Sometimes it’s useful to look up a word in the dictionary. Especially when that word gets used a lot in business. ‘Agile’ is just such a word. It started out as a way of developing software in an iterative and more fluid way than the old ‘Waterfall’ approach which had rigid steps, was resistant to incremental change, slow, costly, and couldn’t keep up with the rapidly changing needs of the customer, says Ron Commandeur, Fujitsu.
But what does the word actually mean? The Merriam Webster dictionary makes it sound quite poetic: ‘an ability to move with quick and easy grace; having a quick resourceful and adaptable character – an agile mind.’ It turns out the origin of the word is the Latin for the verb to drive or to act.
I believe we should think about Agile (capital ‘A’) in the very human terms of that dictionary definition. After all, every business is focused on serving customers, and so the needs of the customer have to come first. Agile helps you drive customer obsession and free your people (individuals and teams) from the restrictions of a rigid organisational structure so they can act decisively.
Agile is about seeing your business not as an organization but as a living, breathing group of people all focused on creating products that deliver tangible customer outcomes. A business is not just about functions it’s about relationships – between people. And only people who are able to interact freely can have innovative ideas based on a close and dynamic view of the marketplace – i.e. what real customers are doing and saying.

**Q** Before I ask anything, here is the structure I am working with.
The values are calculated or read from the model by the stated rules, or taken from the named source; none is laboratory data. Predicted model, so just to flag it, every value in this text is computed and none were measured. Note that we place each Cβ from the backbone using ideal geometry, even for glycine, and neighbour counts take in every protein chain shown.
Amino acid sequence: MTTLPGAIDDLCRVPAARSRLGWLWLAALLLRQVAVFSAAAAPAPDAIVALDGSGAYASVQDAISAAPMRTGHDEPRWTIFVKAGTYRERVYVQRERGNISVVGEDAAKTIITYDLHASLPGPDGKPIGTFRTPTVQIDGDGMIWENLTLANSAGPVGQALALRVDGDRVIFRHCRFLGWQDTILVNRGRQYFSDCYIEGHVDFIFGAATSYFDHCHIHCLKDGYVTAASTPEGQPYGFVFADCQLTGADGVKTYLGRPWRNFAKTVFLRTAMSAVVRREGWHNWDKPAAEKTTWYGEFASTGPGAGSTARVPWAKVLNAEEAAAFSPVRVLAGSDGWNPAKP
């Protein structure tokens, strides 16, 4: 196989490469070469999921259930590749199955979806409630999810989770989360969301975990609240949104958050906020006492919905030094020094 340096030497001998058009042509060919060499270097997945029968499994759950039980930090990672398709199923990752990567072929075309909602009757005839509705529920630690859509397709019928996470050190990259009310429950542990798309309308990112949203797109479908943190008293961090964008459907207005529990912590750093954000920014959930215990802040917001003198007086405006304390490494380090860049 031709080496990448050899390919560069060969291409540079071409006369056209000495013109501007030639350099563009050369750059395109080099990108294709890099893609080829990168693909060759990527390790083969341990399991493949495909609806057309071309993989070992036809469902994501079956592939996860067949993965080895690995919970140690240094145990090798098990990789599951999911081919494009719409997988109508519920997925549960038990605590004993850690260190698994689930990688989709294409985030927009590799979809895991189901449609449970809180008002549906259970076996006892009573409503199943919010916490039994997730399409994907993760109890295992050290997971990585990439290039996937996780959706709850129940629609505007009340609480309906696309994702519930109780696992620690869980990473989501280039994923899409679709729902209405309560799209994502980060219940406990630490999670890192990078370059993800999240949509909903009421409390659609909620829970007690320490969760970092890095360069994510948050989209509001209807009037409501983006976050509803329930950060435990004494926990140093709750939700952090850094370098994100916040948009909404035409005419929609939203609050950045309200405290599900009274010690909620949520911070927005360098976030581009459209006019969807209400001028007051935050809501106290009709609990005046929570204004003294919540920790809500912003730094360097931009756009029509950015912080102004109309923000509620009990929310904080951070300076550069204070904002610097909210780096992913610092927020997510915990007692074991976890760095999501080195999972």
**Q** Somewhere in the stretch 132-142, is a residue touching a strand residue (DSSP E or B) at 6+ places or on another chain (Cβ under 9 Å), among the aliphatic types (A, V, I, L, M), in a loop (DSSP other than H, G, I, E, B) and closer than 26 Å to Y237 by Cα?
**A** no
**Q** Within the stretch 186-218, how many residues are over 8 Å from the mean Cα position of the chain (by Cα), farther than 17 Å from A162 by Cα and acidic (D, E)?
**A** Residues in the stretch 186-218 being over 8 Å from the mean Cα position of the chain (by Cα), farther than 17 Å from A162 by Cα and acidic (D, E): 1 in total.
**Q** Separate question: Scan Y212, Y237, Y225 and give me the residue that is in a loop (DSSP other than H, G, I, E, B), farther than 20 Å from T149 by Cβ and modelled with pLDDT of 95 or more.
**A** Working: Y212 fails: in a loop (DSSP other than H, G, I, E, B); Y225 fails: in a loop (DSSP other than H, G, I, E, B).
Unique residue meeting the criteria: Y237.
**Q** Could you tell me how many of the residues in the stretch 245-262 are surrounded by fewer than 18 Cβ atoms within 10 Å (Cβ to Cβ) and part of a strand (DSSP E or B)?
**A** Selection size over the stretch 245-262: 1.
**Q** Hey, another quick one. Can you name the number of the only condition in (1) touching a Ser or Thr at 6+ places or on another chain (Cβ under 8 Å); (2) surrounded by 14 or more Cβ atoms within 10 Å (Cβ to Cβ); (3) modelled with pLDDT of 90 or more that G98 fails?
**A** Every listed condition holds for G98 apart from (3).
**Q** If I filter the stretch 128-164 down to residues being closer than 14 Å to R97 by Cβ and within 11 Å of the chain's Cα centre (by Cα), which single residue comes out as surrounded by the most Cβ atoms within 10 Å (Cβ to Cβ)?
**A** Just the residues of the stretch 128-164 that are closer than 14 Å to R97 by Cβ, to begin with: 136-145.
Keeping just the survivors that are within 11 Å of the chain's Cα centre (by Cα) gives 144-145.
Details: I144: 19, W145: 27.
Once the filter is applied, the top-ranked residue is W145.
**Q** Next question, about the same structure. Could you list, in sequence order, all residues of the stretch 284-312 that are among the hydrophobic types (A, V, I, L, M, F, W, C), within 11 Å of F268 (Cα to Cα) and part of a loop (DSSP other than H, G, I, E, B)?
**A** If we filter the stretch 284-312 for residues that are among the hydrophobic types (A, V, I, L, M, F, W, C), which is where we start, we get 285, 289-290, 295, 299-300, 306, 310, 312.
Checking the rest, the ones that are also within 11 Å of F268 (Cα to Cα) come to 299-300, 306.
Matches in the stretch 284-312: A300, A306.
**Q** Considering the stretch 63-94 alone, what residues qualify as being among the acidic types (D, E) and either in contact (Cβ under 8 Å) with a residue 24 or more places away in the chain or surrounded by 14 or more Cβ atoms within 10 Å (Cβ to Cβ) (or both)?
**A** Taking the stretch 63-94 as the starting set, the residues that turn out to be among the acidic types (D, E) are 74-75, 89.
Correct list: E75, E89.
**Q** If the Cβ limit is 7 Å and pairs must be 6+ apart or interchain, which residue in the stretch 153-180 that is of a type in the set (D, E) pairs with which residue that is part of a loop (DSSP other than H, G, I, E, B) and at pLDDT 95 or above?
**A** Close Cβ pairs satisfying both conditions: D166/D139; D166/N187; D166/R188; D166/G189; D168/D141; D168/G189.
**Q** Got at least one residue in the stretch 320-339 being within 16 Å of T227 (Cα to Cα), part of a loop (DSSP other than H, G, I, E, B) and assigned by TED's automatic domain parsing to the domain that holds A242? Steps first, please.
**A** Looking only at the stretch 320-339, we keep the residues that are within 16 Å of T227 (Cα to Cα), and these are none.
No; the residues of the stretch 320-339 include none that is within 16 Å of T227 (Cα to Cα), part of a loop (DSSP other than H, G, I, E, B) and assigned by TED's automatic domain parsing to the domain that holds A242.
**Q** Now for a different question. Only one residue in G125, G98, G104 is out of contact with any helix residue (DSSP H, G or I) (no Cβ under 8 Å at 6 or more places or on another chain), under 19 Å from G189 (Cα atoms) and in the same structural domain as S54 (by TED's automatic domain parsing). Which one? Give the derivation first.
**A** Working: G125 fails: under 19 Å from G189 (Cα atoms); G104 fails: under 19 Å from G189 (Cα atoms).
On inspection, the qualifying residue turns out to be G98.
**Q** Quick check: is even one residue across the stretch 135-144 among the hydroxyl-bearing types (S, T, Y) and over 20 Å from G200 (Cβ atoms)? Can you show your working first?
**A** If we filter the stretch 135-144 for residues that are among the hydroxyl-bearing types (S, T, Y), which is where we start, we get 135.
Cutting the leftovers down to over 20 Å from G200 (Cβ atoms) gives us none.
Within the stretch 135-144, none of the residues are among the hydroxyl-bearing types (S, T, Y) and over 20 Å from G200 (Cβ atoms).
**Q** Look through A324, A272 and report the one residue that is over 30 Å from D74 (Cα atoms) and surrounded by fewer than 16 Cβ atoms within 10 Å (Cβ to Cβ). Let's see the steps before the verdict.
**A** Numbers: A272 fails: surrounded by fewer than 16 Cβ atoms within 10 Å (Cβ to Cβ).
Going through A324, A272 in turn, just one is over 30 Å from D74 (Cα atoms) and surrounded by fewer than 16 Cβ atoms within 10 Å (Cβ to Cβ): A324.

At Fujitsu, we have long believed in what we call ‘human-centric’ co-creation. It’s the basis of Agile. And how ever you organize your Agile approach, what you need to focus on is the benefits of the approach: greater flexibility, the ability to review and change at any time, more fluid stakeholder feedback and, most importantly, the early and continuous delivery of value.
Value – that’s another overused word. It’s not just about money (though that’s important) it’s about giving customers what they need to achieve their specific objectives – quickly. Waterfall puts value at the end of the process. Agile brings it forward. You can deliver projects earlier, learn from mistakes or problems, adapt quickly, and then improve iteratively. There’s value in all those steps. And customers get value earlier. They don’t have to wait. And no one wants to wait for value in a digital landscape where disruptive change is the New Normal.
So, understanding the human definition of Agile frees you from the constraints of methodologies. It’s easy to get sucked in by tick boxes and flow charts. Agile is about actively doing things and learning / changing / adapting as you go along. That’s more exciting. It’s more creative and enjoyable. And that shows in the final product. It also allows you to focus on higher value business items. The team feels a sense of ownership because they have an end-to-end view and stake in the development ’game’. They’re not just cogs in the machine – boxes on the organisational diagram – they’re key to delivering something real.
So, what about DevOps, that’s usually closely linked to Agile? Well, you can’t really do DevOps without Agile, and you can’t really be Agile without at least adopting DevOps principles to a certain extent. We believe everyone has to work together. There can be no siloes. No borders. No bottlenecks. Embrace the flow and the unpredictability that goes with it and adjust your management style accordingly. Us humans are never predictable, we love to improvise and learn from our mistakes. It’s what makes us human.
At Fujitsu, we believe we deliver the real meaning of Agile.
By Ron Commandeur, Fujitsu.